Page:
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INL opens collaborative computing center

The Idaho National Laboratory formally opened two new buildings in Idaho Falls Monday. Together, the Cybercore Integration Center (CIC) and the Collaborative Computing Center (C3) total 150,000 square feet.

The two buildings will help the state and INL expand collaboration and employment opportunities for Idaho university students. Construction of the facilities was financed by an almost $90 million dollar bond, approved by the Idaho Legislature in March 2017.

“Opportunities for collaborative research between the lab and the universities, in those important areas. And importantly it’s an opportunity to bring students from the universities here to the laboratory and work in partnership, it’s really about developing the next generation of scientists and engineers,” said Idaho National Laboratory director, Mark Peters.

The Cybercore Integration Center will serve as a research, education and training facility for cybersecurity work.

The C3 will allow researchers access to essential resources like INL’s Falcon and Lemhi supercomputers, and next year the space will welcome Sawtooth, whose reputation labels it as one of the most powerful supercomputers in the pacific northwest when it goes online.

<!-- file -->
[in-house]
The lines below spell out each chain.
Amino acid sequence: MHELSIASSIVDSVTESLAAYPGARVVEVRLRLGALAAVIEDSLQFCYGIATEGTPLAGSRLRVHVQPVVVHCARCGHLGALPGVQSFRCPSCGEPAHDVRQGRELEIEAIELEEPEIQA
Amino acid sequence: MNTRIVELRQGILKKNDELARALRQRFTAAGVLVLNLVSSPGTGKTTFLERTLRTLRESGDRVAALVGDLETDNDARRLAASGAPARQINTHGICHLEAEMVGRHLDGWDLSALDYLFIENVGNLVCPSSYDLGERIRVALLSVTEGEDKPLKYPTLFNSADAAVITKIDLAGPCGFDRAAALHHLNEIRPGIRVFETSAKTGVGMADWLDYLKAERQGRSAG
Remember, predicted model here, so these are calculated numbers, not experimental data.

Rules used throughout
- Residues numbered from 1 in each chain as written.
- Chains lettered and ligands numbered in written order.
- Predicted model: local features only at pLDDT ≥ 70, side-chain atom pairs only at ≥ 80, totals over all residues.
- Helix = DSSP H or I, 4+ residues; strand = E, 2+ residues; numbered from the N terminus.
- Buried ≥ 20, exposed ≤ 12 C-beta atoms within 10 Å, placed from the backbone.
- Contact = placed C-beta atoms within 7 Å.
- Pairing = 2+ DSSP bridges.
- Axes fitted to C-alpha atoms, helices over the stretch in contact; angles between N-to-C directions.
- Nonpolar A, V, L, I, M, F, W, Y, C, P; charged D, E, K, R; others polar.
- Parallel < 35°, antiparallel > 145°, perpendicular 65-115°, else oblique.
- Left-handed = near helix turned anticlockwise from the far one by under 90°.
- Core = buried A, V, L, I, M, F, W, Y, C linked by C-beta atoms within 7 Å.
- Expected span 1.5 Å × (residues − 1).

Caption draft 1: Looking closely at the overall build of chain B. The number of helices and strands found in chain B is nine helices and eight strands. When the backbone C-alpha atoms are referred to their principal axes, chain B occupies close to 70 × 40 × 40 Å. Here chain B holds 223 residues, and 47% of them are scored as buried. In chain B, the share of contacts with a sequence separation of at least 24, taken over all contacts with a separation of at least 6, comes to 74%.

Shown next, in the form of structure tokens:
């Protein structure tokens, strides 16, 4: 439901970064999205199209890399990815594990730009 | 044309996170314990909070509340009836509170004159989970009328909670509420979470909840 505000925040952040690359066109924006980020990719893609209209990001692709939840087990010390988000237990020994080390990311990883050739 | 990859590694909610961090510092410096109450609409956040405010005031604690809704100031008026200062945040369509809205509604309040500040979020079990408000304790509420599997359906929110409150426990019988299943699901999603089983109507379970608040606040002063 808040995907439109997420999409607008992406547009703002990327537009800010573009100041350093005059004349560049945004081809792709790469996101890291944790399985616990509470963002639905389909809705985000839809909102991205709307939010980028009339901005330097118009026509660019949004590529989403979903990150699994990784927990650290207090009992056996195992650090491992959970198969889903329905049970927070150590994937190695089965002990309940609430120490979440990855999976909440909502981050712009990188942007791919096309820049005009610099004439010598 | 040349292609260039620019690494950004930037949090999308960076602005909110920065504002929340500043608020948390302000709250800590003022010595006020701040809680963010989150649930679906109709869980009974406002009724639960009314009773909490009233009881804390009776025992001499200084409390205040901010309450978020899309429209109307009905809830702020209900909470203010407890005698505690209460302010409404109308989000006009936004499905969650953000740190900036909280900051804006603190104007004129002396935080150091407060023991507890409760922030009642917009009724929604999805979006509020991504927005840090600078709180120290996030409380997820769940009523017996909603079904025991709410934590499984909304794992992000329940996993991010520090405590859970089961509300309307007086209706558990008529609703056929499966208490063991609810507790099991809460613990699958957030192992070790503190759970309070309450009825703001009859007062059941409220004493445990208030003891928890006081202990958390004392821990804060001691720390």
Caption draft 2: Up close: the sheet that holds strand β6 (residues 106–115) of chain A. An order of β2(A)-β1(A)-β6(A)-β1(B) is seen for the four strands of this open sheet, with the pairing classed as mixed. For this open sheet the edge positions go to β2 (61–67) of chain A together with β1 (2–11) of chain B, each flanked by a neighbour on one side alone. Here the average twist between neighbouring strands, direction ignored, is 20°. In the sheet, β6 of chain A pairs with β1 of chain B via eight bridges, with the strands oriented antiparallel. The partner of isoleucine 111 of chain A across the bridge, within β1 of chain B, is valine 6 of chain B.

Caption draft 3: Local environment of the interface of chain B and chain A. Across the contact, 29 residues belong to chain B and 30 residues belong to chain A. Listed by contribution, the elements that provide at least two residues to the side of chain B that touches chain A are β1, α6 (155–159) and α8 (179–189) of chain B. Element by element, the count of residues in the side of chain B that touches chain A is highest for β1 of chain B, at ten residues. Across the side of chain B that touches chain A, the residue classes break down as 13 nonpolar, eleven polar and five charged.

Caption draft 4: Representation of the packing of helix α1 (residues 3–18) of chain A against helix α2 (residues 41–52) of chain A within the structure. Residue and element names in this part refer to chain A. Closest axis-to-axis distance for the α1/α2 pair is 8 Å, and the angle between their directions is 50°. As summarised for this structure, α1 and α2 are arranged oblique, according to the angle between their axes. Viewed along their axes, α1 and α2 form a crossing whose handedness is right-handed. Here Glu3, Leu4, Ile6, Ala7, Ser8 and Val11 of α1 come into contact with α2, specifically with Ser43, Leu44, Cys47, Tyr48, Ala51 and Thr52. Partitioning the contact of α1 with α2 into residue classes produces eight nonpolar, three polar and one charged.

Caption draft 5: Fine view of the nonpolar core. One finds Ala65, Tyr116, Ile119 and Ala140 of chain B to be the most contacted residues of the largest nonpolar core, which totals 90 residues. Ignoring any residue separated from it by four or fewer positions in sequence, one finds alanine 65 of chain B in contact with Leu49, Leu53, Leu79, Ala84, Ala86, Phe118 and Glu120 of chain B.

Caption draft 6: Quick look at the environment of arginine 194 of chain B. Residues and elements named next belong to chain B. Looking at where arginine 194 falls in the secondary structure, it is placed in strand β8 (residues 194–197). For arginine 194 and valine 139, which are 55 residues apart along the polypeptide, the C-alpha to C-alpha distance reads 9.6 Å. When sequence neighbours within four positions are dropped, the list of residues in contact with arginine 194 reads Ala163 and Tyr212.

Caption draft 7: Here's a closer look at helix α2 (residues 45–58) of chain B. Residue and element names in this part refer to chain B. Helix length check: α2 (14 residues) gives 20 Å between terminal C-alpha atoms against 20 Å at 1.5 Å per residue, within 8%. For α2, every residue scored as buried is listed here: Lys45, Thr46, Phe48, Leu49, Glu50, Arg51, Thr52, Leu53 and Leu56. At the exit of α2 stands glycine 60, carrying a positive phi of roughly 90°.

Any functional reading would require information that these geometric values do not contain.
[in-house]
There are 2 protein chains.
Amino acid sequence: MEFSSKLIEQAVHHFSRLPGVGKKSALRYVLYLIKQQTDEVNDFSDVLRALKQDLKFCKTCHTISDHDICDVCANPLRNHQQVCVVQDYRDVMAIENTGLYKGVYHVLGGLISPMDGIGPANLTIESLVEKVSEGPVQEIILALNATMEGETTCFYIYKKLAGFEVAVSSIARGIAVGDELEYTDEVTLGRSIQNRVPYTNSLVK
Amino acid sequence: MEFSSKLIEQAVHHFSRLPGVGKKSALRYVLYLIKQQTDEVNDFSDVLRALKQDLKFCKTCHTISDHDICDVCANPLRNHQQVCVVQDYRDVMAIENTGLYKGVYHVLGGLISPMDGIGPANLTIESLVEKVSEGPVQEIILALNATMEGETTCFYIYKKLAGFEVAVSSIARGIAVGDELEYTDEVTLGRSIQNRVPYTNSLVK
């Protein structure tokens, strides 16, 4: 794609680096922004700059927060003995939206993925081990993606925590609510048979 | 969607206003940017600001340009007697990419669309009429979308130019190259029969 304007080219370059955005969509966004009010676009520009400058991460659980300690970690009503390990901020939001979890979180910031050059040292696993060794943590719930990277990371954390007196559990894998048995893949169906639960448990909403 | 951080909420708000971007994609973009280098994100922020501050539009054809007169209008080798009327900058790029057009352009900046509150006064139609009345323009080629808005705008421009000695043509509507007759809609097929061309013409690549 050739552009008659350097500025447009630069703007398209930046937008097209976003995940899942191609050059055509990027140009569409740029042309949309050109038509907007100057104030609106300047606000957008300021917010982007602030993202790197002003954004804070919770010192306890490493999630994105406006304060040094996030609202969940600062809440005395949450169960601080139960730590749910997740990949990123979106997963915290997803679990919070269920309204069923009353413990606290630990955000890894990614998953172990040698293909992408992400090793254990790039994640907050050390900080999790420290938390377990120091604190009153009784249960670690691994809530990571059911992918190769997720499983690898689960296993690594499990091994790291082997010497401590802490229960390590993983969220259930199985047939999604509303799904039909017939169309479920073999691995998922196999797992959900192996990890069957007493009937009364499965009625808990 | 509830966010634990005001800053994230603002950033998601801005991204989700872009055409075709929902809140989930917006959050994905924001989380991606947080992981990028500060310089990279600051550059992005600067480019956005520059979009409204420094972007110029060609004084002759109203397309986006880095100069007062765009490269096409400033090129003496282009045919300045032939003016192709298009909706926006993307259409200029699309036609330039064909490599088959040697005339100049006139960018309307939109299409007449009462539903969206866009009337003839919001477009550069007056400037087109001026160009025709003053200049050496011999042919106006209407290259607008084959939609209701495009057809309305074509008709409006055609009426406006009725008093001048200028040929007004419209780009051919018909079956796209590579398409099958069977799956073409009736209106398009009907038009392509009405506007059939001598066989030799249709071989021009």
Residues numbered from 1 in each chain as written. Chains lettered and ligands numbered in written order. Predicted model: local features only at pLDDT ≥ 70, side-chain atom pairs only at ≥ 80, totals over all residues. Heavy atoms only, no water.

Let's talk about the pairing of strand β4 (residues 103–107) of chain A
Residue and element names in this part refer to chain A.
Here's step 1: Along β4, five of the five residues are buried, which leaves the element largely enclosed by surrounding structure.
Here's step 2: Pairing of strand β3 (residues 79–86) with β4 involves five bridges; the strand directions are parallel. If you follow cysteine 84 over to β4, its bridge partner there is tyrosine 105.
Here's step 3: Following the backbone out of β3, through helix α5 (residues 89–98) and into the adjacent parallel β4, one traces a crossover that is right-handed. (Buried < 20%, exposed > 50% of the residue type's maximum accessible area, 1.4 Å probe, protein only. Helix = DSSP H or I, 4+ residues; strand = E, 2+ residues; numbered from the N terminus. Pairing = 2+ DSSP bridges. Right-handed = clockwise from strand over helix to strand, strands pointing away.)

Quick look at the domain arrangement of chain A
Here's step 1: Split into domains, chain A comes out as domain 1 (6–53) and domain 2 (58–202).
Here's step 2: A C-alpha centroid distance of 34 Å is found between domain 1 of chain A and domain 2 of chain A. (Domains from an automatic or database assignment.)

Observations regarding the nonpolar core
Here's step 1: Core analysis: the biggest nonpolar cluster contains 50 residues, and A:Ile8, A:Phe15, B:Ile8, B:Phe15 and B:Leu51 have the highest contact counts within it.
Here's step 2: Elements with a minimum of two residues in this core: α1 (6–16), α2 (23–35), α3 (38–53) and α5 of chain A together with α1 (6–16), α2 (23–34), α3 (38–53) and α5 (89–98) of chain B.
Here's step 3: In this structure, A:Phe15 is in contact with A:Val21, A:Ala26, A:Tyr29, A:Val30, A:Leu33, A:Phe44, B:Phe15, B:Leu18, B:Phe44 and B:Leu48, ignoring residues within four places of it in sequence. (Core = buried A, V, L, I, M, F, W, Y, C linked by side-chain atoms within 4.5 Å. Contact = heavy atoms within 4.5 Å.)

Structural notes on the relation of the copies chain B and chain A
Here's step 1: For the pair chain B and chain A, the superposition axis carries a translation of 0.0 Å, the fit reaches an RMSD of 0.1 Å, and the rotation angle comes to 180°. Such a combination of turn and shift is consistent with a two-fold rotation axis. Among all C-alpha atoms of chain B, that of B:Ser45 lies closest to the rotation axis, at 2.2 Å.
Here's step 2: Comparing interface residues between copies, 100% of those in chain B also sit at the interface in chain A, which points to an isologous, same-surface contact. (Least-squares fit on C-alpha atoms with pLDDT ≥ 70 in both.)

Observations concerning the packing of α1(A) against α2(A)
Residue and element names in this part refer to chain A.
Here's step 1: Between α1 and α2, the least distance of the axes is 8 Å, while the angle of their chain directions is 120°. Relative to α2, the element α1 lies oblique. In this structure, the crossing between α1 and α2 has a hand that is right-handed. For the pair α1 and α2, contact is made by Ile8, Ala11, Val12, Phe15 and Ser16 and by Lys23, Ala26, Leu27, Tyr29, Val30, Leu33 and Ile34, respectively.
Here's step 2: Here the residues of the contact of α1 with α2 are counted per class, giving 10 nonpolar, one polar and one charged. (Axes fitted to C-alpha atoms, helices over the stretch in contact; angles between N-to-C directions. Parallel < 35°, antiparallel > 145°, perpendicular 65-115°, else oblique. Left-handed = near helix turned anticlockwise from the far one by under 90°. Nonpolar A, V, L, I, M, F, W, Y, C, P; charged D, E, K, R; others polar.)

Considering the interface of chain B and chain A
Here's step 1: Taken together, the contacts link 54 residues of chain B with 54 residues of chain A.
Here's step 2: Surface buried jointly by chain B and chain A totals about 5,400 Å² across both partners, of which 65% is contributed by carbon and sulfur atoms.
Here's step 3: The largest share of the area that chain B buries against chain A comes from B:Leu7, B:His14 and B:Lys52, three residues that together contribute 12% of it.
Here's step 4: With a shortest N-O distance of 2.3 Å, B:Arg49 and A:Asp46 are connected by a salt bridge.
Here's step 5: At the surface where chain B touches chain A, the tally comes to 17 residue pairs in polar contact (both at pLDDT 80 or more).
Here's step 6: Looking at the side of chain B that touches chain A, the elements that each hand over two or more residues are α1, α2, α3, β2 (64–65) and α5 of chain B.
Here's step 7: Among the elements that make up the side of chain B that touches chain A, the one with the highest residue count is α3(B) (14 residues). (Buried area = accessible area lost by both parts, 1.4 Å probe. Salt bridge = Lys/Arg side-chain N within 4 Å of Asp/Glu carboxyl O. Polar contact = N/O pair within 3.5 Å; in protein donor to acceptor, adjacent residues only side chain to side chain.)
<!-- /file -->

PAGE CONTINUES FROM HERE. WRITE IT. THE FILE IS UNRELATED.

“It will create that next generation, it will keep kids at the universities here in Idaho importantly, but also it puts us at the center of the universe for computing and cybersecurity research and it will also create jobs, in addition to those direct jobs, there will be opportunity for the industry to collaborate, which could also produce additional jobs,” said Peters.

Getting to collaborate with researchers from all over in a common productive space, will allow students to gain experience that will help them in their future careers

“It increases their internship opportunities, their ability to have practical experience while they’re in school. For our graduates, once they graduate, they’ll be able to get that information they’ve learned from their professors who are part of this research at the lab and that they learn while they are in school to help them be more employable once they graduate,” said Idaho State University president, Kevin Satterlee.

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